Job Harriman

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Job Harriman, 1902.

Job Harriman (1861-1925) was an ordained minister who later became an agnostic and a socialist. In 1900 he ran for Vice President of the United States along with Eugene Debs on the ticket of the Socialist Party of America. He later twice ran for mayor of Los Angeles, drawing considerable attention and support. He also founded a socialist utopian community called Llano del Rio in California, later relocated to Louisiana.

Biography[edit]

Early years[edit]

Job Harriman was born on January 15, 1861 in Clinton County, Indiana. He lived on the family farm until he was 18.

Harriman's early life was filled with religious influences by his parents, and after graduating Butler University in 1884 he went on into the ministry. Harriman gradually came to doubt the ability of the church to fundamentally affect the lives of common people and to see organized religion as a trap. He recalled in 1902:

"It is in doubt and not in faith that the salvation of the world is to be found. Faith is a delusion and a snare: a pitfall, a prison. It intimidates the intellect. With fear of eternal damnation religion crushes intellectual activity; with hero worship it destroys individuality; with hopes for the beyond it prevents the growth of ideals for the present. It makes of us a race of intellectual cowards; it changes but little if any our daily conduct toward each other. But doubt sets us free."[1]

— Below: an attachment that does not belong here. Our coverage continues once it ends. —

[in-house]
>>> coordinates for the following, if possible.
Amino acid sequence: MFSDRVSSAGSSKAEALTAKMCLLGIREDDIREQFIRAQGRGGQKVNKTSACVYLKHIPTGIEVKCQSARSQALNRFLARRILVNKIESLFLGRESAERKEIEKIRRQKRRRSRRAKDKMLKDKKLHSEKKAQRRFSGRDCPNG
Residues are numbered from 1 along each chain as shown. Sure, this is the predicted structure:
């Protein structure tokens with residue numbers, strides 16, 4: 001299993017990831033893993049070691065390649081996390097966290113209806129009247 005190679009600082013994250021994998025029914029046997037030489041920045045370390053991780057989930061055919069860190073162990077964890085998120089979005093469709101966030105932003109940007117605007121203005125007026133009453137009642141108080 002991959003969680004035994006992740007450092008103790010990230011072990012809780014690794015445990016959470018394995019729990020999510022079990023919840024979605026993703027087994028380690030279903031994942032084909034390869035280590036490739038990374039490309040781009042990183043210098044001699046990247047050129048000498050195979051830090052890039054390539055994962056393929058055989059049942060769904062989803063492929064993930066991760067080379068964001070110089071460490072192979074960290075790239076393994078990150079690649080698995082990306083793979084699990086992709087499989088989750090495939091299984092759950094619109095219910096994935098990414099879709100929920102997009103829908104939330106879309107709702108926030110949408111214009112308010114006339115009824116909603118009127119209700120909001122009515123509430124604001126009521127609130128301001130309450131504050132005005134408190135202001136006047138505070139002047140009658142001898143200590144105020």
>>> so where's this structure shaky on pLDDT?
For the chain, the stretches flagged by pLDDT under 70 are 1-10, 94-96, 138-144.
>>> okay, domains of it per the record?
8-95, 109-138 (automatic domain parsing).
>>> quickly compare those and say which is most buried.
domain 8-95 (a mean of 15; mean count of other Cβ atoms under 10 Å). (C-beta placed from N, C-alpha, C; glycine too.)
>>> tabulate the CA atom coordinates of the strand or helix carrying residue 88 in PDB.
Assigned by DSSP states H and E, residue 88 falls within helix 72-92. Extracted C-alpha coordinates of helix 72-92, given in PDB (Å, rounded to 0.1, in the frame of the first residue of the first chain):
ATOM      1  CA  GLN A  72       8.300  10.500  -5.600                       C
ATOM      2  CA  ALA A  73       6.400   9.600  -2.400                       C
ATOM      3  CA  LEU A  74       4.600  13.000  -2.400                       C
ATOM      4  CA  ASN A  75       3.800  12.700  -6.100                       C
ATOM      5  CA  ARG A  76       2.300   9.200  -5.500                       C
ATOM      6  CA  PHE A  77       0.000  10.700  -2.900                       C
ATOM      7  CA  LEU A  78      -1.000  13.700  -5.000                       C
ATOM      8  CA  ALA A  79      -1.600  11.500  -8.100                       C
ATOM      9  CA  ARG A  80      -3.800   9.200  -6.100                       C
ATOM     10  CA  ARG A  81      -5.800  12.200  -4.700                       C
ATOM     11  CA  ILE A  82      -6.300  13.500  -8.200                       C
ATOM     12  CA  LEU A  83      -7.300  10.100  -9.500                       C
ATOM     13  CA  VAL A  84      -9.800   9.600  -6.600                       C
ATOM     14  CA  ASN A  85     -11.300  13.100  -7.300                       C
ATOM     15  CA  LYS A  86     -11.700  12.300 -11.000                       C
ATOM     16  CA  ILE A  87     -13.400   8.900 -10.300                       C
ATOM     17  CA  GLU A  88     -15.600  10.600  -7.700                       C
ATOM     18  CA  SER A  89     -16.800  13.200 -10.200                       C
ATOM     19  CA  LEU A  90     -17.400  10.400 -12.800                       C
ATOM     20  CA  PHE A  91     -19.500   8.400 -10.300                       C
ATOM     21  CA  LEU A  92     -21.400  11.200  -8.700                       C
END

As Harriman moved away from a belief in spirituality and towards philosophical materialism, he came into contact with socialist literature, being particularly impressed with the 1886 utopian novel Looking Backwards, by Edward Bellamy.[2] In 1886 he moved to San Francisco and established there a local Nationalist Club, dedicated to attempting to put Bellamy's ideas into practice in America.[3]

Later, Harriman came into contact with the writings of Karl Marx, which turned his early Christian socialist inclinations towards Marxism.

Job Harriman married the sister of a college roommate, Mary Theodosia Gray. In 1895 the couple had twins, a girl and a boy, with the girl dying as a young child.

Harriman left the church and took up the study of law, becoming a lawyer and establishing his own law firm.[4]

Political career[edit]

Job Harriman was initially a member of the Democratic Party, but as he became conscious of socialist ideas he quit that organization and joined the Socialist Labor Party (SLP). Harriman was a gubernatorial candidate for California on the SLP ticket in 1898.

Harriman broke with the SLP during the acrimonious split of 1899, which was largely linked to the SLP's insistence on establishing competing socialist dual unions with the existing trade unions affiliated with the American Federation of Labor. Harriman thereafter was affiliated with the East Coast-based variant of the Social Democratic Party of America (SDP), a group whose members included Henry Slobodin and Morris Hillquit.

In 1900 during unity negotiations between the Eastern and Midwestern SDP organizations, Harriman ran for Vice Presidency of the United States on the Social Democratic Party of America ticket along with Presidential candidate Eugene V. Debs.